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    More than half of U.S. drivers killed in car accidents had alcohol or drugs in their system at the time of the crash, according to a new study. Using data from the National Highway Traffic Safety Administration on fatalities in 14 states, researchers found that men and people driving at night were the most likely to have alcohol, marijuana or other illicit or prescription drugs show up on a toxicology screen after the accident.

  •  The European Cyclists Federation spoke to Susan Shaheen about bike sharing around the world. “There are now more than 236,000 bicycles being shared on four continents,” says Shaheen, who directs the Transportation Sustainability Research Center and has written extensively on bike sharing. In the upcoming book ‘City Cycling’ Shaheen plots the global rise in bike sharing.

    ECF Newsletter
  • Car-sharing operations in the city are growing in popularity, but one city supervisor is concerned that many San Franciscans can't benefit.

    SF Chronicle
  • The majority of plug-in electrical vehicles in California are identified as a primary car by their owners, according to a statewide survey by the California Center for Sustainable Energy. Nine out of 10 owners said plug-in vehicles represent their primary ride -- though almost all had a second, conventional car, according to a survey with more than 1,400 respondents released this month. The study was conducted by the California Center for Sustainable Energy in coordination with the state Air Resources Board.

    U-T San Diego
  • When the Obama administration completed the Corporate Average Fuel Economy, or CAFE, standards for 2017 to 2025 last month, it was a milestone in a long and frequently contentious process, but not the last word. California, alone among the states with the power to set its own emissions policy, was at the negotiating table throughout the process and reserved the right to certify the results through its own legislative channels.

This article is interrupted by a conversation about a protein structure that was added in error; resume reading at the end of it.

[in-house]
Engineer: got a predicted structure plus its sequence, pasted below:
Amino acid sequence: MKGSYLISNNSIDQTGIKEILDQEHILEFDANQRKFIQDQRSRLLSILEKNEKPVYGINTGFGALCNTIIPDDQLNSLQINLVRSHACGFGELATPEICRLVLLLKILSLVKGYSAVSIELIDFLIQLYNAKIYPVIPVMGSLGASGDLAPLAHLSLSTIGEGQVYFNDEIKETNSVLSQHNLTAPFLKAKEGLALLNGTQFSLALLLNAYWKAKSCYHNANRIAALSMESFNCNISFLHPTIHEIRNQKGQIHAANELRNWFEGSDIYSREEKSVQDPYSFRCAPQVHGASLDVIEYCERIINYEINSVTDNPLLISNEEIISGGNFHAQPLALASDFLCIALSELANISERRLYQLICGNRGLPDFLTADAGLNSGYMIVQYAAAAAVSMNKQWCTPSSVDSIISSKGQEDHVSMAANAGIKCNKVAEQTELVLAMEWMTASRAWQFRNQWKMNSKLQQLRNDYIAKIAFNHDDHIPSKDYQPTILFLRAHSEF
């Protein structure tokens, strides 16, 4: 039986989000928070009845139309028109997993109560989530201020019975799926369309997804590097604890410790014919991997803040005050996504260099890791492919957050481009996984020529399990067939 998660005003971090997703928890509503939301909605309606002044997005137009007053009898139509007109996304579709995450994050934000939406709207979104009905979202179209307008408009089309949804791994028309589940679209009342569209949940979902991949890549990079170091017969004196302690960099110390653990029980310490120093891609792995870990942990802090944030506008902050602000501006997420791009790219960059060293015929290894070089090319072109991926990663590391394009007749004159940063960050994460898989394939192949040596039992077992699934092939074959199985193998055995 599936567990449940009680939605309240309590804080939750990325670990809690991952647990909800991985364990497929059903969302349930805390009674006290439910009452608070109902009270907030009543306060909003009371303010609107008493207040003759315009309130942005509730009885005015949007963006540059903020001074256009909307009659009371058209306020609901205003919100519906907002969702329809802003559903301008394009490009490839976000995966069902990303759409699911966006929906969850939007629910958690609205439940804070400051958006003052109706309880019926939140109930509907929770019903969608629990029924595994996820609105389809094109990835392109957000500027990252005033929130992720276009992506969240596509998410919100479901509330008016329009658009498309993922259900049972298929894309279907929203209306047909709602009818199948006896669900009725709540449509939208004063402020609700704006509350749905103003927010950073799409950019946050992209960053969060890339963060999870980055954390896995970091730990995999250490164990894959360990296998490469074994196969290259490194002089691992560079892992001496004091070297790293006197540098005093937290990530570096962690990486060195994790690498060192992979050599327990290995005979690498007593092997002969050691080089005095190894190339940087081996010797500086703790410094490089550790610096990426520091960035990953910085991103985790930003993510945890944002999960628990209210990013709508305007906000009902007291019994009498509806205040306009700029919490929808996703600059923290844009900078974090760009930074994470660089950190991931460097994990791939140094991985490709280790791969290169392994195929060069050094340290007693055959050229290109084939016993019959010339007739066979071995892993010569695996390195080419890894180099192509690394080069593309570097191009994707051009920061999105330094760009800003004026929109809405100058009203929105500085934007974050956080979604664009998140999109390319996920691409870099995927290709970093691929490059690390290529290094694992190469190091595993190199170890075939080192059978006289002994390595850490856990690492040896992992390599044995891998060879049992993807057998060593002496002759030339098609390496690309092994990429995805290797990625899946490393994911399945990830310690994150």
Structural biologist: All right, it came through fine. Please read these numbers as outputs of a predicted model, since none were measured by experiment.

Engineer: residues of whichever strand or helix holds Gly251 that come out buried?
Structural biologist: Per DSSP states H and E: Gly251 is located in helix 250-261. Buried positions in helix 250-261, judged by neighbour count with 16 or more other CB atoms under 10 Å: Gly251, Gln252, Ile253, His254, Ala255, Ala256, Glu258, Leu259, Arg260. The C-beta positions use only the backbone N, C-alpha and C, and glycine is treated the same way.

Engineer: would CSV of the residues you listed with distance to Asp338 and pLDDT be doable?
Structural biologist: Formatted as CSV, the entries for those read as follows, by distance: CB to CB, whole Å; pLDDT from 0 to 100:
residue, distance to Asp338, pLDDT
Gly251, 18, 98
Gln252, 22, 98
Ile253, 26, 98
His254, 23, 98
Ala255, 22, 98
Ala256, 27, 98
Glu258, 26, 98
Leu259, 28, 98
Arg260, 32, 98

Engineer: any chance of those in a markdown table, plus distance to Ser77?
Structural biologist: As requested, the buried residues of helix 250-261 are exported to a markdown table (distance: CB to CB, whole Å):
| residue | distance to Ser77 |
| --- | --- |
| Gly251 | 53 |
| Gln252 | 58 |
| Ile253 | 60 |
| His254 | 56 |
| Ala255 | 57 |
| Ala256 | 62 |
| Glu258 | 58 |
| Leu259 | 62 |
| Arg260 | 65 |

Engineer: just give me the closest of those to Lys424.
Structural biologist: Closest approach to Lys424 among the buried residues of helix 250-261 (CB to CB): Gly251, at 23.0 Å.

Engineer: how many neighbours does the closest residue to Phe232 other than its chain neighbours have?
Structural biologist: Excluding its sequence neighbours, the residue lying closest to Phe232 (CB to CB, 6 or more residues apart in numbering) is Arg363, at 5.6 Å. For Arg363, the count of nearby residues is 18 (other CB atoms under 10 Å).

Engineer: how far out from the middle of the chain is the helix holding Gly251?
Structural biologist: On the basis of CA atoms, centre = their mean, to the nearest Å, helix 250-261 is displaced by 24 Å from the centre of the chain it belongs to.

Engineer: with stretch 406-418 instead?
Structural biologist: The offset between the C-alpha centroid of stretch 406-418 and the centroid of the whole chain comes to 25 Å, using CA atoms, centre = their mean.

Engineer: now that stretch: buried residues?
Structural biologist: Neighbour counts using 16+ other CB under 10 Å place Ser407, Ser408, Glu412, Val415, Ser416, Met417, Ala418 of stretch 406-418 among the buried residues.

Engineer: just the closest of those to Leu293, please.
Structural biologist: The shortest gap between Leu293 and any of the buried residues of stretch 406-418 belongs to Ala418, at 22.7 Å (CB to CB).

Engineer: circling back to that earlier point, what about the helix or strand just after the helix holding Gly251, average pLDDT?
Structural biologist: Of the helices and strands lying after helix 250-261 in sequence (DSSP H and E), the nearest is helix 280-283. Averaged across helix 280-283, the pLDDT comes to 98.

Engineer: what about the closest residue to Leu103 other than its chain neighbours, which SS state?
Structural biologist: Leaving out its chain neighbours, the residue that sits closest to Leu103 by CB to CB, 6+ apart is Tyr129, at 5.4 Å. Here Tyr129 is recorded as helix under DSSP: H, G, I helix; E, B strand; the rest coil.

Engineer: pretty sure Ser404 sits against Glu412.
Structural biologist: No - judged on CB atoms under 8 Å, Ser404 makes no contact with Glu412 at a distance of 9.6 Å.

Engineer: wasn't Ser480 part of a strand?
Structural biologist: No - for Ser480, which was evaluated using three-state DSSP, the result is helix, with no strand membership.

New York Times
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     If you’re anything other than a mid-sized adult male or a small, lightweight adult woman, beware. Your senior citizen ribs, massive toddler head, or full-gear, military uniformed body has never been crash tested.

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    A massive battery parked at a substation on SEPTA’s Market-Frankford line is now storing energy captured from braking trains, saving the transit agency in energy costs and turning it into an electricity provider. Nearly two years after we first reported on the initiative, SEPTA officially flipped the switch on the regenerative braking system in June, and early estimates show that power savings could be as much as 10 percent. 

  • For years people have poo-pooed the idea of a privately-funded high-speed rail line between Las Vegas and Southern California because it ends at Victorville. The logic goes that who would want to drive to Victorville and then park and ride? Apparently, according to a recent interview with one of the backers, we will. 

    Riverside Press-Enterprise
  • ...The debate about the merits of this train is extensive and interesting, but its biggest flaw is that it is rooted in the technology of the past and present day. Indeed, HSR itself is around 50 years old, and the 350 kph top speed of the planned line was attained by the French TGV over 30 years ago.

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    It is as startling as if Detroit or Los Angeles restricted car ownership. The municipal government of Guangzhou, a sprawling metropolis that is one of China’s biggest auto manufacturing centers, introduced license plate auctions and lotteries last week that will roughly halve the number of new cars on the streets. The crackdown is the most restrictive in a series of moves by big Chinese cities that are putting quality-of-life issues ahead of short-term economic growth, something the central government has been slow to do on a national scale.

    New York Times